We’ve made no secret of our appreciation for the swoopy, sultry Porsche Taycan electric sportscar ever since the first concepts made their debut a few years ago as the Mission E. Still, as good-looking as it is, it’s hard for many people wrap their heads around the idea of calling a mass-produced object a work of art. Those people reserve “the ‘A’ word” for things that are unique, one of a kind items that have a bit more “hands on” human interaction. Well, Porsche has something for them now, too. By working with acclaimed American artist Richard Phillips, Porsche has made an exceptional piece of art from a Porsche Taycan … and is auctioning it off for charity.
“Porsche’s first purely electric sports car, the Taycan, represents a new chapter in the company’s history,” says Michael Glinski, CEO of Porsche Schweiz AG, the Swiss arm of the German carmaker that commissioned the project. “We wanted to capture this achievement by working together with a leading artist (like Phillips). The result is this creation, which reflects the guiding principles of sustainability and electromobility and of course also places a strong focus on nature in Switzerland.”
Based on Phillips’ 2010 work the Queen of the Night, the Taycan Art Car features a three-dimensional arrangement of elements and details. The flowering plant images flow organically up the front hood, over the front fenders, and across the doors, which gives a visual feeling of movement and direction with the leaves of the night bloom.
Moving toward the rear of the Taycan Art Car, the painting offers a sort of “sky” view over the roof, while the rear fenders also reveal the blue sky and images of fluttering butterflies. “The Queen of the Night (as a) livery culminates at the rear of the car with its namesake blossom wrapping completely around the bumper while being dramatically lit up by the Taycan’s signature horizontal light bar,” explains Phillips.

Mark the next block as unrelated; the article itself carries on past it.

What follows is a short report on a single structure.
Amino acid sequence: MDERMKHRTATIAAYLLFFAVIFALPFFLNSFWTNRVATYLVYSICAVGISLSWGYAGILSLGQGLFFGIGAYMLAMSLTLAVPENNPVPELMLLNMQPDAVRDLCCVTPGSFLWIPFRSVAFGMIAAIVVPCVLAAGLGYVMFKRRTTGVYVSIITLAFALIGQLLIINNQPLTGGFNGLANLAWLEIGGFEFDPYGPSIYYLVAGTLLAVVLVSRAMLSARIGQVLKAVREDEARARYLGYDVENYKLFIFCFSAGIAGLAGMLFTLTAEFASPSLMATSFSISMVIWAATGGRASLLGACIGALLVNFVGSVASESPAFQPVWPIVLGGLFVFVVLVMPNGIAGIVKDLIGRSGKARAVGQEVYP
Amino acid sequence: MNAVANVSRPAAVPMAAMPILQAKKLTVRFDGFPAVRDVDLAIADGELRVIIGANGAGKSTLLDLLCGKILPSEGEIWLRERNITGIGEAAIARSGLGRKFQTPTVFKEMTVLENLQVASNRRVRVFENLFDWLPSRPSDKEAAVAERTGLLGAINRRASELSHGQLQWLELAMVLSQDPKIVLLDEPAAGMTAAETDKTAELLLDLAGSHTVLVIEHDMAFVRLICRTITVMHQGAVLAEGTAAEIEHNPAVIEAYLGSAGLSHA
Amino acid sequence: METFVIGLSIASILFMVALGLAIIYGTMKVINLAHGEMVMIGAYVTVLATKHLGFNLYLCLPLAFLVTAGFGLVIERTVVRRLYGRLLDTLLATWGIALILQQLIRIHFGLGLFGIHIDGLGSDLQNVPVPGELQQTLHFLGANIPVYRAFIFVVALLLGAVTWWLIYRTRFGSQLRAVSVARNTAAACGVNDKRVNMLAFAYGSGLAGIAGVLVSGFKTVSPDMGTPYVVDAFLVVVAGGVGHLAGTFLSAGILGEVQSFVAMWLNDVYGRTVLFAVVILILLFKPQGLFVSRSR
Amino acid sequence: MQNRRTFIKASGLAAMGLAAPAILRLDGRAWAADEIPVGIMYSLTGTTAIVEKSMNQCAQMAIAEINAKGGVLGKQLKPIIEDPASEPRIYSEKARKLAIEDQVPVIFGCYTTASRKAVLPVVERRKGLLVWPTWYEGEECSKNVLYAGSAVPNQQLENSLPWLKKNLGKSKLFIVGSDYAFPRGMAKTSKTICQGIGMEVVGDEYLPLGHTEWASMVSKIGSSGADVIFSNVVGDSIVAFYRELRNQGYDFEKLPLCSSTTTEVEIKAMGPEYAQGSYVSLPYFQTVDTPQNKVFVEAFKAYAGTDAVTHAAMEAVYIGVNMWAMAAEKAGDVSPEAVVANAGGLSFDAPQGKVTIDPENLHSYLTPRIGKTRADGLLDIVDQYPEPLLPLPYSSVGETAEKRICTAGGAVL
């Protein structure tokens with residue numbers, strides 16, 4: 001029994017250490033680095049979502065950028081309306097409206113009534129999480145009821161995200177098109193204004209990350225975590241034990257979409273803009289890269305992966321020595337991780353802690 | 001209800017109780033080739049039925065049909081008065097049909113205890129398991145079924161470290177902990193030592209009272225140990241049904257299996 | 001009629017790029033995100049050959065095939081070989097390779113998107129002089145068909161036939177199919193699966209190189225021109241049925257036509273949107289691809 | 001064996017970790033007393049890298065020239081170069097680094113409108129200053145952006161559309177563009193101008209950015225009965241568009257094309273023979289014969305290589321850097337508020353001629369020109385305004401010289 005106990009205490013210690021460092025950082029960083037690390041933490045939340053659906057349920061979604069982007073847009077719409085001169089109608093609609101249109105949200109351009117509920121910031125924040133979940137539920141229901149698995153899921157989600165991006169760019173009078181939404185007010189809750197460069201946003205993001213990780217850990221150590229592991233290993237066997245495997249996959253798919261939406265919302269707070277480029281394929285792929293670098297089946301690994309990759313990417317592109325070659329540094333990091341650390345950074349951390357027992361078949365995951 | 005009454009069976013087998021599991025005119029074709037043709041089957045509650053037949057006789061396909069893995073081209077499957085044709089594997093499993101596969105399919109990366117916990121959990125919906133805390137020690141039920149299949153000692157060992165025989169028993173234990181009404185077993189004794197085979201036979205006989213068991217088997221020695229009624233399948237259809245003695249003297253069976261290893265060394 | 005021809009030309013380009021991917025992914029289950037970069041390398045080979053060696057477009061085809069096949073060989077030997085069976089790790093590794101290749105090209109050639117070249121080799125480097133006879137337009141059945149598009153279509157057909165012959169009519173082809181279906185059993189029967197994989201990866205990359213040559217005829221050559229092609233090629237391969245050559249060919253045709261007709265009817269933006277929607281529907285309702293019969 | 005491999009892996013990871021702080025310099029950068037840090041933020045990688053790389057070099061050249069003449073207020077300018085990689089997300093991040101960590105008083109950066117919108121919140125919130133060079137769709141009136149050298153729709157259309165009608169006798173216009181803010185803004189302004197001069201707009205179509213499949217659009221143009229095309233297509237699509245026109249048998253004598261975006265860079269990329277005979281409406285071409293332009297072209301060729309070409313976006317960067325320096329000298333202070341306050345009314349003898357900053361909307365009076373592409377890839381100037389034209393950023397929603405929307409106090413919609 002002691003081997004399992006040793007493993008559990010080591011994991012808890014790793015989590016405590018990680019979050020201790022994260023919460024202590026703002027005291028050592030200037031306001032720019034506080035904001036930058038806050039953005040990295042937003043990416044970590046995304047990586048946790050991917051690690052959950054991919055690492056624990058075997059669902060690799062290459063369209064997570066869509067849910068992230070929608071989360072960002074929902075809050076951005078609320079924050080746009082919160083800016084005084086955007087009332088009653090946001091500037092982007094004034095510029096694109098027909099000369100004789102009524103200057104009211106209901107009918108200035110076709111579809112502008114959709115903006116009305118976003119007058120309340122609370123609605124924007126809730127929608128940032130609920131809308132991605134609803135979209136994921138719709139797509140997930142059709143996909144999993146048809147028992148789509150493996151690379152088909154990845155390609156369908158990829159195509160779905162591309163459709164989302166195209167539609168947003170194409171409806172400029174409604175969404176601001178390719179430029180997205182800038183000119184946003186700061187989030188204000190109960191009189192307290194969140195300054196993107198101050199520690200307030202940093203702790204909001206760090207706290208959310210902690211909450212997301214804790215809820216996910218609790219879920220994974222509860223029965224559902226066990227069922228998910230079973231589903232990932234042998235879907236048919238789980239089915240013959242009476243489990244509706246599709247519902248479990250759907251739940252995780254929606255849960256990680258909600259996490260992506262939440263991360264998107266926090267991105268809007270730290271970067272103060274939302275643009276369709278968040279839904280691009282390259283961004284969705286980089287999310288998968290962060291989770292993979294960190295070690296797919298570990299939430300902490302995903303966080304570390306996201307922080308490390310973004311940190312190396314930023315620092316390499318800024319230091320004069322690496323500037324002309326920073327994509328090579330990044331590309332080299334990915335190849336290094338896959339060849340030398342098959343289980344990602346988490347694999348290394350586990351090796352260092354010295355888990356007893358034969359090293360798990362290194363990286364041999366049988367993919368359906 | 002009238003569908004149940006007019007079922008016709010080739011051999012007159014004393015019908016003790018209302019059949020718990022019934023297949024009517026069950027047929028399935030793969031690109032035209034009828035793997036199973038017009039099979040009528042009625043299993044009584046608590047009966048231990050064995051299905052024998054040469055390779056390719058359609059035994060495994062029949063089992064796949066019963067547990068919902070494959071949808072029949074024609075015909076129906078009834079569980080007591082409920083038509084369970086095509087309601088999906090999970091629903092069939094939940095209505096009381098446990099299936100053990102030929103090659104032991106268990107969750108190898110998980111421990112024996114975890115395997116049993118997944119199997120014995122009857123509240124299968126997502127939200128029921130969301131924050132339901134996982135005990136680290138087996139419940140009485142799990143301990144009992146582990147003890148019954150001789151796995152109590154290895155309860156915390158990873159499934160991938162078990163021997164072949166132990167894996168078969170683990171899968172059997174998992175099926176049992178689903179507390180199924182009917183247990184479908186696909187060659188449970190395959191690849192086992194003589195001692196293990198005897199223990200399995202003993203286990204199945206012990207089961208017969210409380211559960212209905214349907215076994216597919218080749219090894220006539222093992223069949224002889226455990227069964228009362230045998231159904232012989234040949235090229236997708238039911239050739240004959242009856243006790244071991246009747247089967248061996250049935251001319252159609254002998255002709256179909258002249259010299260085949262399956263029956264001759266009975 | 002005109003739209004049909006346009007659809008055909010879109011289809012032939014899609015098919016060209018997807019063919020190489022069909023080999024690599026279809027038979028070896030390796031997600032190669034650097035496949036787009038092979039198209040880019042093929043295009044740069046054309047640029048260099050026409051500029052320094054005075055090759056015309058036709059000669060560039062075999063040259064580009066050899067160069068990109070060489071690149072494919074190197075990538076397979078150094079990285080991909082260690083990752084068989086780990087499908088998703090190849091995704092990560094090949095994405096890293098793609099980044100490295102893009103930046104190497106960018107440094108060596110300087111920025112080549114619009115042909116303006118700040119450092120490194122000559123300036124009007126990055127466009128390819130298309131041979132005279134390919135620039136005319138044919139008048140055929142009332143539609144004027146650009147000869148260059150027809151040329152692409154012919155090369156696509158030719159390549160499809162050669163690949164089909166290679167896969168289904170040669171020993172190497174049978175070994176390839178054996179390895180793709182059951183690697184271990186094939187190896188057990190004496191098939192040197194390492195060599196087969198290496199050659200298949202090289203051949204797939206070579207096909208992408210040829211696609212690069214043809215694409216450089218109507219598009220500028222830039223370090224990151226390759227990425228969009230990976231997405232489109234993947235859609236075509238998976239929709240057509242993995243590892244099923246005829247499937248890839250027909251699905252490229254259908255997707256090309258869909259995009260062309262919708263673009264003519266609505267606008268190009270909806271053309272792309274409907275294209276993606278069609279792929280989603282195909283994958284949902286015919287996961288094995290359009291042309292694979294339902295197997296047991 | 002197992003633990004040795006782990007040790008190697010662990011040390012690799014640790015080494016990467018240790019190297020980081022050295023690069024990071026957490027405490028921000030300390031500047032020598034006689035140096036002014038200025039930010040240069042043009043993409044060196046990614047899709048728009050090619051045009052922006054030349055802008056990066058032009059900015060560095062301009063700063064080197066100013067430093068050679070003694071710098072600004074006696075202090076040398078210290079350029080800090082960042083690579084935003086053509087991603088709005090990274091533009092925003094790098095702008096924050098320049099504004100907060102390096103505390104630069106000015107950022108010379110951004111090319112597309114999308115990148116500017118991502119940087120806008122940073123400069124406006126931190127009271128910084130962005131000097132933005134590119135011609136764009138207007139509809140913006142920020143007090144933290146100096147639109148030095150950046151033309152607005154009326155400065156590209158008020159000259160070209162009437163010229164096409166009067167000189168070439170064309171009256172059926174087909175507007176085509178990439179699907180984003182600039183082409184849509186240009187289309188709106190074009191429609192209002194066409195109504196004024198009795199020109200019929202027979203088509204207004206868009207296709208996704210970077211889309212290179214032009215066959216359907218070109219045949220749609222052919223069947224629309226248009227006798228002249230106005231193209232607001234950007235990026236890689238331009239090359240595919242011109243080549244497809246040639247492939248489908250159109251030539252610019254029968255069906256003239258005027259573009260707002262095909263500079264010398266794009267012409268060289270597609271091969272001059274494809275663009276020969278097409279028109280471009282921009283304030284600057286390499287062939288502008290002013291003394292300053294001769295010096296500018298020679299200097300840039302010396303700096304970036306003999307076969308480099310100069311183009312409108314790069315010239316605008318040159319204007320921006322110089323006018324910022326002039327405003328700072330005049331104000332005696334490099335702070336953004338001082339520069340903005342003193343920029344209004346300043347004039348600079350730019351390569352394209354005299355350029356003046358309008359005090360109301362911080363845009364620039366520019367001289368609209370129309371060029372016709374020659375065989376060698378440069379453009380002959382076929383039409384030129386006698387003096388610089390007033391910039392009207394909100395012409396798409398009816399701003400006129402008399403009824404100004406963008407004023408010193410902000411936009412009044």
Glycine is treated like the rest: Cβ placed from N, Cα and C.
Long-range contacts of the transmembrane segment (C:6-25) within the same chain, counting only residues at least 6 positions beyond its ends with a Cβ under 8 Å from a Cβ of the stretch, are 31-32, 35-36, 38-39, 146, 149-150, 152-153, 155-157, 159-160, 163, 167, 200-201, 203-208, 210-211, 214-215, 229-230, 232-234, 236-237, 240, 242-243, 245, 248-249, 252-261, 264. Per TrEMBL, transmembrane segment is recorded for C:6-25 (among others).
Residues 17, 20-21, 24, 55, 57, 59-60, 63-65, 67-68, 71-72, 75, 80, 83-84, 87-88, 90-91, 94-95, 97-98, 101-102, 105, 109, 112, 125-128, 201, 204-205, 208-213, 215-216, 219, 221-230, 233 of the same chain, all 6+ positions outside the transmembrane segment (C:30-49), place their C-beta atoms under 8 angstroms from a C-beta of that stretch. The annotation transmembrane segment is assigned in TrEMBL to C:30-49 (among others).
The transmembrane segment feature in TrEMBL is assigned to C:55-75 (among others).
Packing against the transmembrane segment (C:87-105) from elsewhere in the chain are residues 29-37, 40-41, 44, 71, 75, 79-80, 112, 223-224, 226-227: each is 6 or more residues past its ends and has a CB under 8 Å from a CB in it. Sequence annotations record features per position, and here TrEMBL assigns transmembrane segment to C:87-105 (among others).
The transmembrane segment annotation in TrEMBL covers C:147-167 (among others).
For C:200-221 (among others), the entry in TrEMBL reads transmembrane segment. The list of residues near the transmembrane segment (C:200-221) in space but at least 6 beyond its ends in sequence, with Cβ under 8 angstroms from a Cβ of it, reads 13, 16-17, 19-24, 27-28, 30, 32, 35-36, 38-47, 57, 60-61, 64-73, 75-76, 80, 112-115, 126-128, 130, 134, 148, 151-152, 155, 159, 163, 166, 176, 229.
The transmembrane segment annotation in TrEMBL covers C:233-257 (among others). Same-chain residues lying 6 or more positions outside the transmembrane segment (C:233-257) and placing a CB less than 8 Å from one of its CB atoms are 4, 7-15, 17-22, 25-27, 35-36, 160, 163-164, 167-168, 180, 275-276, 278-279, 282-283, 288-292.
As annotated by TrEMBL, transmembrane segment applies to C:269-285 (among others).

“Conceptually, my Queen of the Night livery takes into consideration that the design of the Taycan is an instant icon of electric mobility and speed … its lines and form are that of the artists and designers at Porsche who strove to communicate this feeling at first sight. I greatly respect this objective. The choice to work with my Dietrich-inspired painting was to reference the natural environment with its beauty and composition reimagined in concert with the sweeping gestures of the Taycan.”
Which, if I were to try to translate Phillips’ quote into like, human language, would probably mean something along the lines of, “I think the design flows well with the Taycan’s shape, and still kind of makes it look racy.” And, not for nothing, but Phillips would know, because not only is this Taycan Art Car not his first Art Car, it’s not even his first Porsche Art Car — that honor goes to the 2020 Porsche 911RSR racer that the company took to a historic first place finish at the 24 of LeMans last year. That one is more of an … let’s say “acquired” taste.
So, I think it’s safe to say that this one’s a bit slower, and a bit more in tune with nature, and that consideration from nature isn’t just skin deep for the Taycan Art Car. It’s being auctioned off by Porsche to benefit Swiss artists who have been impacted by the deadly COVID-19 pandemic. “By auctioning the work and donating the proceeds we want to help the Swiss cultural landscape, which has been hit especially hard by the pandemic,” explains Glinski. “Porsche has set a confident course through this crisis and we are eager to give something back to the community.”
As for me, I love beautiful art cars. Heck, I even love the ugly ones! Whether you think this one falls under either banner is a matter of opinion, though, and we’d love to hear it! Check out these “official” press photos of the Porsche Taycan Art Car, below, then let us know what you think of Porsche’s artsier electric supercar in the comments section at the bottom of the page.
Porsche Taycan Art Car Gallery
Source | Images: Porsche.
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